RT4 Relaunches “Decide The Future” Congressional Scorecard on Surveillance and the 4th Amendment
The US government’s mass surveillance programs pose an existential threat to our freedoms. Congress has the ability to rein them in, but only a minority of our legislators are willing to act.
Back in 2015, we and Fight for the Future developed a surveillance scorecard for Congressmembers. Newly relaunched and updated, “Decide The Future” allows you to see which Senators and Representatives are actually voting to reduce surveillance.
The scorecard showcases some important lessons:
- Party affiliation is not a clear guide to how your legislator stands on surveillance reform. 25 Democratic lawmakers get F grades; 24 Republican lawmakers get A+ grades.
- If you’re in leadership in either party, it’s more likely that you will oppose reform.
- If you are serving or have served on the Intelligence Committee, the Homeland Security Committee or the Armed Services Committee, it’s more likely that you will oppose reform, perhaps because of exposure to sustained and selective briefings from the intelligence community.
The scorecard allows you to tweet to your Congressmember about their record. Please do so, and let us know here if you have feedback on the scorecard.
Congress faces a deadline of December 31, when the main authority for NSA’s mass surveillance programs, Section 702 of the FISA Amendments Act of 2008, expires. This provision retroactively legalized President Bush’s illegal mass surveillance, with few limitations. Three bills have been introduced to renew and reform this authority in varying degrees.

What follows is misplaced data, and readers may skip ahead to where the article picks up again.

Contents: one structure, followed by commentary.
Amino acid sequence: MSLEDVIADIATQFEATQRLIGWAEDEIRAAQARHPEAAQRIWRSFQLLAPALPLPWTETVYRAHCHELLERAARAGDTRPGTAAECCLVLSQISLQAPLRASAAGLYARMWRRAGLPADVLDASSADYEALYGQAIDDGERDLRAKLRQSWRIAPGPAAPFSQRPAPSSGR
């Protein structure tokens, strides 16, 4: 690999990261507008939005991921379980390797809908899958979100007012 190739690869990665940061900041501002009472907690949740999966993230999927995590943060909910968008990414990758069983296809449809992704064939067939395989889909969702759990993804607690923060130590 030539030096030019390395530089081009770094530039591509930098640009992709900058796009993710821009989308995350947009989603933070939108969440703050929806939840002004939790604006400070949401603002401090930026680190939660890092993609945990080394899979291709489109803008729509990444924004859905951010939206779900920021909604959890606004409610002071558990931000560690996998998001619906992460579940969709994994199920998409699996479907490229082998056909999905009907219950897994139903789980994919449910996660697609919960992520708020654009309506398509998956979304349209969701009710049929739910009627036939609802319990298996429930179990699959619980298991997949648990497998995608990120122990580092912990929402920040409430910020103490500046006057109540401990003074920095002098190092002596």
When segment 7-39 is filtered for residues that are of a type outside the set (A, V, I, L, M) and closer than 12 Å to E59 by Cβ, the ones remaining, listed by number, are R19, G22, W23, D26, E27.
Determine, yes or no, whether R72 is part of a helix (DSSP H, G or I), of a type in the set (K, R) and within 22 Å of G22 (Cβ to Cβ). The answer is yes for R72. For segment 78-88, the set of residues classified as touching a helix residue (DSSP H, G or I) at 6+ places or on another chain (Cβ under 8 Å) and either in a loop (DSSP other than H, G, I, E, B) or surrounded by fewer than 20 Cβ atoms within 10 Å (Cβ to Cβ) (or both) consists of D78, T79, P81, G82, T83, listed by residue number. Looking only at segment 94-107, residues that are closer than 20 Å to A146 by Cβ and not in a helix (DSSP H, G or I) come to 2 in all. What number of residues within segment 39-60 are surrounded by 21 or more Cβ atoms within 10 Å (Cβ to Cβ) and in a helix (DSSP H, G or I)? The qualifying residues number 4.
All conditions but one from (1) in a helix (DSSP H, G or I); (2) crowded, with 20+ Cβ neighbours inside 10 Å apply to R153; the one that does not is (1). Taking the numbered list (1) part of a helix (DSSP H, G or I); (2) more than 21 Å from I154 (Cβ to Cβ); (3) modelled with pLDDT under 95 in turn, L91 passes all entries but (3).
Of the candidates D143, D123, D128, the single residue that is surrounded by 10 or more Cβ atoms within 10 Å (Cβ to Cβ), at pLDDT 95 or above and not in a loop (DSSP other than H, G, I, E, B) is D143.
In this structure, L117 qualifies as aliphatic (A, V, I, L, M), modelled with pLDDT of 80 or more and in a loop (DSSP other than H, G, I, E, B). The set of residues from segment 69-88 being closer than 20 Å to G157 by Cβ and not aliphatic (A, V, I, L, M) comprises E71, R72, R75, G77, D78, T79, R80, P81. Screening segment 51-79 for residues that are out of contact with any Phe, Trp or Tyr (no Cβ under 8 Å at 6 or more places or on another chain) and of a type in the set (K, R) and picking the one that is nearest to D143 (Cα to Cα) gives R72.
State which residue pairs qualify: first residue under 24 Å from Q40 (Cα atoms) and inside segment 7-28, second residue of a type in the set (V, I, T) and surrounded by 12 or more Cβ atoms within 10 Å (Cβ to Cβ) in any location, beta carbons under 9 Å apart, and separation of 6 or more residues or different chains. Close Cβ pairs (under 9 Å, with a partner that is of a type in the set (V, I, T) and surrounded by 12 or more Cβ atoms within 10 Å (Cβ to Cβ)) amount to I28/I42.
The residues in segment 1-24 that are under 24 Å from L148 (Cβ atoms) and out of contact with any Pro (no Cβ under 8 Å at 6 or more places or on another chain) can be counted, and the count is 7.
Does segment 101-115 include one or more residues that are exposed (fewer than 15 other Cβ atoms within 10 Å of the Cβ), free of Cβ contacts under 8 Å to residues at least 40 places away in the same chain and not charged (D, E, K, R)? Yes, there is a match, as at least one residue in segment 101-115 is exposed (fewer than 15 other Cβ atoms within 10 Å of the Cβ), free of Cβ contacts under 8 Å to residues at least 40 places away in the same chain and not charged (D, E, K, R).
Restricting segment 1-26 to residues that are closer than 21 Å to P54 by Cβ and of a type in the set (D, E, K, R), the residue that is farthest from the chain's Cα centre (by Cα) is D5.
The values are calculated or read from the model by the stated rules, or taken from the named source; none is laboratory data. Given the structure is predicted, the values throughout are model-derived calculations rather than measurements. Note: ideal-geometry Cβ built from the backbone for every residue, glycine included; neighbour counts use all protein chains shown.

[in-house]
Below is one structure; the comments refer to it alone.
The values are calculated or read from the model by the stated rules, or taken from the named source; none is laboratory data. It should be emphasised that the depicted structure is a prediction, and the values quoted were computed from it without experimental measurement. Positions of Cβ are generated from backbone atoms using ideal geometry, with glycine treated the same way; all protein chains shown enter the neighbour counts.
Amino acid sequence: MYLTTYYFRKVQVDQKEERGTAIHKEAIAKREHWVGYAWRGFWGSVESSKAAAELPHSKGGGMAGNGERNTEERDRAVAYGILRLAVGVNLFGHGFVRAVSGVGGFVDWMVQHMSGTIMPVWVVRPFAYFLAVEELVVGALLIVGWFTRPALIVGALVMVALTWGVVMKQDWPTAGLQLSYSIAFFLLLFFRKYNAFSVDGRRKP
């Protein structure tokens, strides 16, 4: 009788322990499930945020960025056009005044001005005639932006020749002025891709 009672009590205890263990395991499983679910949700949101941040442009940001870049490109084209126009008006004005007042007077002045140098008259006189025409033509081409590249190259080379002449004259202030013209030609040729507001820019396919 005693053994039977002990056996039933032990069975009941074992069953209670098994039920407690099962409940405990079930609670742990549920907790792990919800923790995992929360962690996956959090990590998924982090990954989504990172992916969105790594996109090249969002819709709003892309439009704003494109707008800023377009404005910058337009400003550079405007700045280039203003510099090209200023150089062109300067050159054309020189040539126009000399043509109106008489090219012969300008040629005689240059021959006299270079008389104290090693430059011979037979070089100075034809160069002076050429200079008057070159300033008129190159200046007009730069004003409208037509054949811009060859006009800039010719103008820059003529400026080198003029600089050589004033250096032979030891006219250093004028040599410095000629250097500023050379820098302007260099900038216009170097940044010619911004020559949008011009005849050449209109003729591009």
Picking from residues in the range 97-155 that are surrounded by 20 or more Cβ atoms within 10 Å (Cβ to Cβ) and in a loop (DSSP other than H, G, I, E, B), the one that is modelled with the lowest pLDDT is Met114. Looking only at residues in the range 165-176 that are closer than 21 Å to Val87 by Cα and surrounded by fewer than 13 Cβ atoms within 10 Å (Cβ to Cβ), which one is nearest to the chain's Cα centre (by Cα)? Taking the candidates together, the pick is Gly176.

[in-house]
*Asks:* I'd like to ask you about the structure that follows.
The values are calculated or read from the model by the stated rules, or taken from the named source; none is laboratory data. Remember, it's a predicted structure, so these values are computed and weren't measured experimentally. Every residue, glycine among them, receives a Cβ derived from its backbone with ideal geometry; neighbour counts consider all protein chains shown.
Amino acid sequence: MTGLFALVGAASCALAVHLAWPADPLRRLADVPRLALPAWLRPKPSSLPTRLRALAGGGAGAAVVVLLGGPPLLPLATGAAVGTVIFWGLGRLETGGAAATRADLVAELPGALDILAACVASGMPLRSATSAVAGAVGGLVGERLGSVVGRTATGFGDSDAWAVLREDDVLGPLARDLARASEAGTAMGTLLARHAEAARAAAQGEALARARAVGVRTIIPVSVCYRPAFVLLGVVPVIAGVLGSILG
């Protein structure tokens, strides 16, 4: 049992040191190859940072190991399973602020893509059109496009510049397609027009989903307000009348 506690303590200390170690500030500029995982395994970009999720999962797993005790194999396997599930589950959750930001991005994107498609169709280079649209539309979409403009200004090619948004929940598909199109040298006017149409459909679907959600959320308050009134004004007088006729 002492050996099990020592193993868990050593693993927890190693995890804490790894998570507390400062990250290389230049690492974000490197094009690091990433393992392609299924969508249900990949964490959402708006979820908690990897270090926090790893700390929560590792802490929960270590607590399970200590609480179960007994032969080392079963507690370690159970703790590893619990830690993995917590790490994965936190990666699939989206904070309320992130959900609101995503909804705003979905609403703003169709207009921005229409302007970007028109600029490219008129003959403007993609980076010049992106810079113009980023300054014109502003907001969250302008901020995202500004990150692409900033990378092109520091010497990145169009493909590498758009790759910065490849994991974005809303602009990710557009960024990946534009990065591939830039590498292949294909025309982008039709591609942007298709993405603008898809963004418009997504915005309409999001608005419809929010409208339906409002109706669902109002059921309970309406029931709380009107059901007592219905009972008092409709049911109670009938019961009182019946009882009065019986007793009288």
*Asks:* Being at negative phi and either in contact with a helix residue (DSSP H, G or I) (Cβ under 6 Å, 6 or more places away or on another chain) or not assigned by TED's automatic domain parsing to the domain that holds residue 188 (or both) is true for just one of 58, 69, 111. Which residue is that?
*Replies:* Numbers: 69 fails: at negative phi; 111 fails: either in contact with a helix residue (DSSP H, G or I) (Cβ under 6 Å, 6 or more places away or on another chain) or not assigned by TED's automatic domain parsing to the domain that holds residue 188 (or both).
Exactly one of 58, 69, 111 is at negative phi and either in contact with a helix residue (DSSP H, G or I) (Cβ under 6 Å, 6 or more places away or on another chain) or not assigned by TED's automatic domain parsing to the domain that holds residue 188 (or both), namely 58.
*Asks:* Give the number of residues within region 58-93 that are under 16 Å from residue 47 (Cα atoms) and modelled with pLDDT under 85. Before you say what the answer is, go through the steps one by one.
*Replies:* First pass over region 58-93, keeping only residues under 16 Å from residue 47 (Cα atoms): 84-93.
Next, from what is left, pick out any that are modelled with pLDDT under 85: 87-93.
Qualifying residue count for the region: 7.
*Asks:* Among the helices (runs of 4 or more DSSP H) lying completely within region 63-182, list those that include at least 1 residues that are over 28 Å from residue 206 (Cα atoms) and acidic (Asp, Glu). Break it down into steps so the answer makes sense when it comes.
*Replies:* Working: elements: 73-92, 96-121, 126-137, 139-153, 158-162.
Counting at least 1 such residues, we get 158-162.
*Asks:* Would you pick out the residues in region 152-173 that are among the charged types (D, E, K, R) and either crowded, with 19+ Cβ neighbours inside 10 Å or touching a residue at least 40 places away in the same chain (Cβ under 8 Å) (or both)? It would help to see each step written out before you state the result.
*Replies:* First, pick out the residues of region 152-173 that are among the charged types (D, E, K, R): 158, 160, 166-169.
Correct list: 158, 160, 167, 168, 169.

- The Senate Intelligence Committee leadership’s “FISA Amendments Reauthorization Act” would renew Section 702 for eight years, explicitly codifies the use of intelligence data for domestic surveillance and to investigate domestic crimes unrelated to terrorism, and is being debated in secret.
- RECOMMENDATION: KILL IT WITH FIRE
- The House Judiciary Committee leadership’s “USA Liberty Act” would improve the administration of the FISA Court but would renew Section 702 for 5.5 years without fixing the FBI backdoor searches problem, where the FBI uses searches of NSA data to get around the Fourth Amendment’s warrant requirement.
- RECOMMENDATION: ALSO KILL WITH FIRE
- Now we come to the only realistic proposal on the table that would actually go a long way to fix the problems with Section 702 surveillance: Sen. Wyden’s and Sen. Paul’s just-introduced “USA RIGHTS Act.” It has also been introduced in the House by Rep. Zoe Lofgren (D-CA), Rep. Ted Poe (R-TX) and Rep. Beto O’Rourke (D-TX).